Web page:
What separates well-designed products from ordinary ones? Eye-catching aesthetics? Good quality? Clever concepts? While these are all contributing factors, the real difference lies in how they make us feel. Every experience has an emotional element, and using products is no different. Products that are well designed connect with us on a deeper emotional level and give us a memorable and enjoyable experience when we use them or place them in our homes.
But how do we quantify good design? The industrial designer, Dieter Rams, who was responsible for the design of German consumer products company Braun’s products for many years, developed a list of 10 commandments to measure whether a design is good or not. Created half a century ago, these principals are still used by many industrial designers all over the world today. A design, according to Rams, is Good when it:
- Is innovative (providing a new and fresh solution)
- Makes a product useful (not only functional but enjoyable to use)
- Is aesthetic (well-executed & beautiful)
- Makes a product understandable (clarifies the product’s structure & use)
- Is unobtrusive (both neutral and restrained, leaving room for the user’s self-expression)
- Is honest (what you see is what you get)
- Is long-lasting (avoids being fashionable. good quality)
- Is thorough down to the last detail (displays care and accuracy)
- Is environmentally friendly (minimises physical and visual pollution throughout its lifecycle)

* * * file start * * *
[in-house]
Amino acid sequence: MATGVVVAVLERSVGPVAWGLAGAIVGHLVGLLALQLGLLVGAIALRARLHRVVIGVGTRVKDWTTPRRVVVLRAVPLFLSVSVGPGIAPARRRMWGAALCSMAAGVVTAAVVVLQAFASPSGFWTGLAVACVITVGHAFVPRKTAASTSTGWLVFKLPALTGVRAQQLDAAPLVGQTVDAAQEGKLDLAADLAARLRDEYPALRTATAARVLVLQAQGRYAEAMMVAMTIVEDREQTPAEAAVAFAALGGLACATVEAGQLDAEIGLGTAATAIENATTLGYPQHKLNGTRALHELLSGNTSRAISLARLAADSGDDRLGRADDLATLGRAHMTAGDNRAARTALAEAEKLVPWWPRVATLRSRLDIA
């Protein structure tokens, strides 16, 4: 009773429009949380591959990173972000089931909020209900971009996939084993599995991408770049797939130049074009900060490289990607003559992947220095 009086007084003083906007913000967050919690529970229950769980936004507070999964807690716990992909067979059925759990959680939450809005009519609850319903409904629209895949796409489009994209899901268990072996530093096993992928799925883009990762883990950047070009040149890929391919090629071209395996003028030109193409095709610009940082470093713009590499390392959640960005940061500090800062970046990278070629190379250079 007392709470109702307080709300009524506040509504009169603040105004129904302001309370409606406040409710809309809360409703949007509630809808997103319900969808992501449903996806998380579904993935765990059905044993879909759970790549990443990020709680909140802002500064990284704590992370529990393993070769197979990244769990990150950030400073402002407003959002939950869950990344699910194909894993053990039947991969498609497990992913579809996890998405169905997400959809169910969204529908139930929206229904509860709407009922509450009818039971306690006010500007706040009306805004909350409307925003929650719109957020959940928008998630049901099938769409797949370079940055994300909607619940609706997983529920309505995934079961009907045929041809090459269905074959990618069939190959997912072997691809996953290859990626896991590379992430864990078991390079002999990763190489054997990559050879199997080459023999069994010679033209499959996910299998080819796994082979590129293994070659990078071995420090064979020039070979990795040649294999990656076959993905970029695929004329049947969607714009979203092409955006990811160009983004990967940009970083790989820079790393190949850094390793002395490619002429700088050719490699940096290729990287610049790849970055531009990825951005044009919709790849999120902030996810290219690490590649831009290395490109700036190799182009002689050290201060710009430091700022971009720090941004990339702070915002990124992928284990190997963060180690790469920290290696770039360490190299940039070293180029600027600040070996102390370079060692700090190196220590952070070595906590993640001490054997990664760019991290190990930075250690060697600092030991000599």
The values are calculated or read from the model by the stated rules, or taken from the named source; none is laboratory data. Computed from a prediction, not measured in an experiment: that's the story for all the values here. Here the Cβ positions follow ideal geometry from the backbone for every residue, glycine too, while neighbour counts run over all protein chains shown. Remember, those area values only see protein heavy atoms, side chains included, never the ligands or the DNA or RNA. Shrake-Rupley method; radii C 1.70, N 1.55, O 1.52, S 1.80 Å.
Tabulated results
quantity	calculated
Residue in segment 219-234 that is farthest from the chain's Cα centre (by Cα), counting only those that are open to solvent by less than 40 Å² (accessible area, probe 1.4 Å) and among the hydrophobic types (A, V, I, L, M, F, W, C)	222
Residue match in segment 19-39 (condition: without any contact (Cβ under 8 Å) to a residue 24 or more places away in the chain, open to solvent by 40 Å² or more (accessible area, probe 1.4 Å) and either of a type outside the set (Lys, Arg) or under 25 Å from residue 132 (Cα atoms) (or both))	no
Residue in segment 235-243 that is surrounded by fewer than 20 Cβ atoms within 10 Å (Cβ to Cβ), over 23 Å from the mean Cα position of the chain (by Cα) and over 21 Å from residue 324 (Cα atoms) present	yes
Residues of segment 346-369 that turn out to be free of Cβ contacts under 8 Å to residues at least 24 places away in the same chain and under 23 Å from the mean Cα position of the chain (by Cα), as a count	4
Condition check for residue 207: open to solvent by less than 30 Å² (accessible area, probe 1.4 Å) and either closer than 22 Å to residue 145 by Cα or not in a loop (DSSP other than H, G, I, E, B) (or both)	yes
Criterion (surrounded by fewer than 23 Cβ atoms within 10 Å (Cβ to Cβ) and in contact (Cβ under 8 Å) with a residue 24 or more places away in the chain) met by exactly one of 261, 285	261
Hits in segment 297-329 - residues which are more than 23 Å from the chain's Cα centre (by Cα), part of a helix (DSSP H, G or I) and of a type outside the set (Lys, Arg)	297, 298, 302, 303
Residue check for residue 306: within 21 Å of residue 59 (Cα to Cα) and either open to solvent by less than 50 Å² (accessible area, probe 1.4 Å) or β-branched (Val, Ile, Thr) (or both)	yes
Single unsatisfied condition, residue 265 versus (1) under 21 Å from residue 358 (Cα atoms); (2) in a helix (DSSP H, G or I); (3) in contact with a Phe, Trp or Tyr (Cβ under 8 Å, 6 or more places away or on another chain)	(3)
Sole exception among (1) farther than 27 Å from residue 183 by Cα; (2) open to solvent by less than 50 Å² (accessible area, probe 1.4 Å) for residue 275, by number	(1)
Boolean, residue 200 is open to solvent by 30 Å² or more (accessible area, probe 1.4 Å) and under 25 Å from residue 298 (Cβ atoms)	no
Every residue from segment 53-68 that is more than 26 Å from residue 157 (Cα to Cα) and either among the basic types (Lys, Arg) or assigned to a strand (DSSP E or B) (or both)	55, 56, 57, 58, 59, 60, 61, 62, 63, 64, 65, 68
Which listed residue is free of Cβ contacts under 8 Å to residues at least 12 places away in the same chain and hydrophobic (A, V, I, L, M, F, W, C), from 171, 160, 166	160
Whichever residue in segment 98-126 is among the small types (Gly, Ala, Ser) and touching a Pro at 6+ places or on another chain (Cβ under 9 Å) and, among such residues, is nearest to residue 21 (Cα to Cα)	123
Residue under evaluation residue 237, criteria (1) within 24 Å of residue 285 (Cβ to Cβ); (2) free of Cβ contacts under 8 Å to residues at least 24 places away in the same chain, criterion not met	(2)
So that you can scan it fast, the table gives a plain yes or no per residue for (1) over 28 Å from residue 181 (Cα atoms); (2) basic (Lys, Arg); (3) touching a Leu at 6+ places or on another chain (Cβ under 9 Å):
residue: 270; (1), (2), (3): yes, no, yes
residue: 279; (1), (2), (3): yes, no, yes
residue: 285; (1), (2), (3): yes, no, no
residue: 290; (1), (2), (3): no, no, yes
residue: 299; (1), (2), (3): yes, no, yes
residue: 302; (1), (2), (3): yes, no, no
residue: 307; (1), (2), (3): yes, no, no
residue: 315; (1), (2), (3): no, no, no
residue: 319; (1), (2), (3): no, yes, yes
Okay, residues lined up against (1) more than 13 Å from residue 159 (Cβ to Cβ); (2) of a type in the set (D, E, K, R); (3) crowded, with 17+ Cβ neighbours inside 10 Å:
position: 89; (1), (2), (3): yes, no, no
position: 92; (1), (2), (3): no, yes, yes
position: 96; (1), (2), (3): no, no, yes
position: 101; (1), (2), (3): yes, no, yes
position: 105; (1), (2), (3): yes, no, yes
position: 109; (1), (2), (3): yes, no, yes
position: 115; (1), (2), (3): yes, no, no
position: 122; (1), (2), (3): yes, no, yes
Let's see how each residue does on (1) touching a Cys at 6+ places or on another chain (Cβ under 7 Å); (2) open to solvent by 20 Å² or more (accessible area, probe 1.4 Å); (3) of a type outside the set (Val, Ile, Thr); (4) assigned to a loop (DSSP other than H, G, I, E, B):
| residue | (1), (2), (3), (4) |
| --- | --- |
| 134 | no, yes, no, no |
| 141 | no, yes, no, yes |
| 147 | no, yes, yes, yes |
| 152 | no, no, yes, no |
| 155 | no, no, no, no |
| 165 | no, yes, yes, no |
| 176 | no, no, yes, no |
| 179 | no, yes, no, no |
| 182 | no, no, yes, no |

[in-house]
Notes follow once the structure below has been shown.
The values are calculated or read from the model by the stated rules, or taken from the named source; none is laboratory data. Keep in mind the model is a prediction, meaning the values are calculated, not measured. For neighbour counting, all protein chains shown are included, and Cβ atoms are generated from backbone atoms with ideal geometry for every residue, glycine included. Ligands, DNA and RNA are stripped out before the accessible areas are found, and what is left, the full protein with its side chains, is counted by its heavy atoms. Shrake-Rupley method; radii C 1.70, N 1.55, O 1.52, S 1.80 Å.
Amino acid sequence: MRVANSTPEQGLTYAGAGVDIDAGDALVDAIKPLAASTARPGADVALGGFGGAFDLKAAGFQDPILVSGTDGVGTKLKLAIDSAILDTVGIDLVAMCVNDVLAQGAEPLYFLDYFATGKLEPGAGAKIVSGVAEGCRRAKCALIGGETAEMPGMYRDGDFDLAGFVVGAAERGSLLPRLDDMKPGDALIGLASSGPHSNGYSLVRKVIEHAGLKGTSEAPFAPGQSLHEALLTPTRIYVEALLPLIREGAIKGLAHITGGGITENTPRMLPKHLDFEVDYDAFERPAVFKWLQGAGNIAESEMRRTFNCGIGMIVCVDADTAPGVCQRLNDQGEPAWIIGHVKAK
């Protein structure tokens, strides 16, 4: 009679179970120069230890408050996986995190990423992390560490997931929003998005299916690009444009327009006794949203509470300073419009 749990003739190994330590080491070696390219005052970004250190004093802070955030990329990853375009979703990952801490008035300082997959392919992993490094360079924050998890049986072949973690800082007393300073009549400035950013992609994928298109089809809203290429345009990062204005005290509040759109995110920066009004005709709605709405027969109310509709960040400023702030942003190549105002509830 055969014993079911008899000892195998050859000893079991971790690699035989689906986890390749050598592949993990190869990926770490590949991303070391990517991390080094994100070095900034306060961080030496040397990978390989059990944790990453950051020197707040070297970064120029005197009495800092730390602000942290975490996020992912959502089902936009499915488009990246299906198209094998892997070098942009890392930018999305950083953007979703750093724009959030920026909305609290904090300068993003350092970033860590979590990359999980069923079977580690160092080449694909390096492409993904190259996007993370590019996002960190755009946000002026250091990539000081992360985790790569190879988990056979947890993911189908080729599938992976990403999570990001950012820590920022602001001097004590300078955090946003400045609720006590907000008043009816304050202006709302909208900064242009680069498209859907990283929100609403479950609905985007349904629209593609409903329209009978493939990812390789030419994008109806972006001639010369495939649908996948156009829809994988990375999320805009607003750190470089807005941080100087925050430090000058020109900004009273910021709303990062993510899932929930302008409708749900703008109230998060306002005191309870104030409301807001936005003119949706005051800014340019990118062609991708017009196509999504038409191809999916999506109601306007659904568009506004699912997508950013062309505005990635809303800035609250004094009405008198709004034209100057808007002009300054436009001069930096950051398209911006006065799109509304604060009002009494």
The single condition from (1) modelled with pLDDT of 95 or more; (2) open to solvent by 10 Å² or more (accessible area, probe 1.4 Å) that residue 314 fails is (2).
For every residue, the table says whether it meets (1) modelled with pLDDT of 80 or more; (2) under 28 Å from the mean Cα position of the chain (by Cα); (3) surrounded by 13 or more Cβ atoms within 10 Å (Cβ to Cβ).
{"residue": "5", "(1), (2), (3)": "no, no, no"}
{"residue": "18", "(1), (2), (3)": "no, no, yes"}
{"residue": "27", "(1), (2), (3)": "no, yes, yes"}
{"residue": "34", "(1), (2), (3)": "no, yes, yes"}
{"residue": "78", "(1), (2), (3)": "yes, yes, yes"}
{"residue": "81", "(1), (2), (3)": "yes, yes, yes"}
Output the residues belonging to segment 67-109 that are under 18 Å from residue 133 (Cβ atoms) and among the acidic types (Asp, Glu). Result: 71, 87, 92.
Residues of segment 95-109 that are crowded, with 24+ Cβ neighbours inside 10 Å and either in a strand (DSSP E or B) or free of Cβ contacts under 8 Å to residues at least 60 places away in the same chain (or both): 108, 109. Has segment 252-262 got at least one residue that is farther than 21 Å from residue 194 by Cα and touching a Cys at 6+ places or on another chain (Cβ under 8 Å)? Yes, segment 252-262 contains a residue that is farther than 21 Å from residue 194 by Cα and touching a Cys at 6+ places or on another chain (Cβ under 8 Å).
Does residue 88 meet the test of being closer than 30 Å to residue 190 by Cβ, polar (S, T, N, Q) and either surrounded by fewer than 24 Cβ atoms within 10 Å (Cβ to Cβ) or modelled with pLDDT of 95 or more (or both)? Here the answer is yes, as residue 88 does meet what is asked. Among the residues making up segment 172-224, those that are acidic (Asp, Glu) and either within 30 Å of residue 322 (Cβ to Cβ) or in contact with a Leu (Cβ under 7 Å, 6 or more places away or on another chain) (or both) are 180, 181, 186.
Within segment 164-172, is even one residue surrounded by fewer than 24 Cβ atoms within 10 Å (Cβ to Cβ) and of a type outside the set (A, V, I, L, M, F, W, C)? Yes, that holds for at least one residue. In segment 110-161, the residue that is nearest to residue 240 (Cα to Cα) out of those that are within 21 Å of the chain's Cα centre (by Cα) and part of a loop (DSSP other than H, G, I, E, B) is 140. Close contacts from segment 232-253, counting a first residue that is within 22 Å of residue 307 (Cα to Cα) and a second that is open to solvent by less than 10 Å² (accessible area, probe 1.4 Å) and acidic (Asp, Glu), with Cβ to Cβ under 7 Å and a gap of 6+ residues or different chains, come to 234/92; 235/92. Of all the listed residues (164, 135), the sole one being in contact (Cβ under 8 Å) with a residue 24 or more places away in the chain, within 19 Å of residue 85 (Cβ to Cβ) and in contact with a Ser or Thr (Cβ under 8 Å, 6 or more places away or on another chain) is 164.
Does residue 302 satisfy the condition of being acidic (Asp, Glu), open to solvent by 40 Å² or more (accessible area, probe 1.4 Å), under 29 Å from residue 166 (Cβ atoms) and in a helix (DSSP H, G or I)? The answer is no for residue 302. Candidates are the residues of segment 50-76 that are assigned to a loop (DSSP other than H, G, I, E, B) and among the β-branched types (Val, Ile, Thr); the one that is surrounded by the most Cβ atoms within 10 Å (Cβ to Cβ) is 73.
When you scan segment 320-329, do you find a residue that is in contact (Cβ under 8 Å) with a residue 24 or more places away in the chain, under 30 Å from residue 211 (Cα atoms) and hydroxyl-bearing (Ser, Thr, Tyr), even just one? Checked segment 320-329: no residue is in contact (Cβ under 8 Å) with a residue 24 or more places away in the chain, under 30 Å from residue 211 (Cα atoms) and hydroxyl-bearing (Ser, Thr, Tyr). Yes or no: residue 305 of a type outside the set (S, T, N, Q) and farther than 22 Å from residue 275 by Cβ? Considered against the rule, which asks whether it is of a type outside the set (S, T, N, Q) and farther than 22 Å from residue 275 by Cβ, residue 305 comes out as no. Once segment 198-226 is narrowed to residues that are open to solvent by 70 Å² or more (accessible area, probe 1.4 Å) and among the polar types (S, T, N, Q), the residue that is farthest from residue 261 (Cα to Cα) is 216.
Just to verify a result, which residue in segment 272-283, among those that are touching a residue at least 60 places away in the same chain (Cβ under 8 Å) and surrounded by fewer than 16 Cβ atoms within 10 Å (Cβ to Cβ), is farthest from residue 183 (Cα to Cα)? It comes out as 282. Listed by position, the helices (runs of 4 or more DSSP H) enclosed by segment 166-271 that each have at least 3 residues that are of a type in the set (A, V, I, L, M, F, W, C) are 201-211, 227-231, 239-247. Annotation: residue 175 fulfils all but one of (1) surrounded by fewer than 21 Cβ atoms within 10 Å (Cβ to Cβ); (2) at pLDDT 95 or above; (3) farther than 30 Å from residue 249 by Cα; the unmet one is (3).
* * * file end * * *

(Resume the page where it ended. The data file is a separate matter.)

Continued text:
- Involves as little design as possible (less, but better – focussing on the essential aspects. pure and simple)
These principles are universal and can be applied to all design fields. At TOO designs it is a great guideline for us when we create new products, including our TOO D Magnetic Art which was recently awarded a Good Design Award.
The Good Design Awards is Australia’s top international design endorsement program. Recognised by the World Design Organization (WDO), it is one of the oldest and most prestigious international design awards in the world, promoting excellence in design and innovation since 1958. The program covers a diverse spectrum of design with 11 specific Design Disciplines, spanning 28 Categories.
A product displaying the Good Design Award Tick of approval gives customers the assurance that it has been professionally designed to the highest standards and put through a comprehensive evaluation process by an independent panel of design experts. It is a visible indicator of good design and a brand’s commitment to excellence in design and innovation.
A definitive theme we’ve seen amongst this year’s Good Design Award Winners is customisability; products that be personalised to users preferences and colour choices. This is a feature we strive to create in our products and it is exciting to see so many great brands doing the same thing.
Here are our top home decor picks from this year's awards.
Image from top left corner: Stack by Zachary Hanna for Nau; Ridge Table by Lucy Grant & Adam Brislin for Beeline Design; Code lighting system by Ben Wahrlich for Nightworks; Bauhaus by Helen Kontouris for National Gallery of Victoria; TOO d magnetic art by Thomas & Sureen Gouws for TOO designs; Tait Scape collection by Adam Goodrum for Tait; Monolith Coffee Table by Pavel Vetrov & Hegi Design House for Hegi Design House; ISM Edo wall light collection by Simon Christopher, Celina Clarke & Thomas Shelley for ISM Objects; Linea by Jim Hannon-Tan& Made by Pen (for Made by Pen).
Written by Thomas Gouws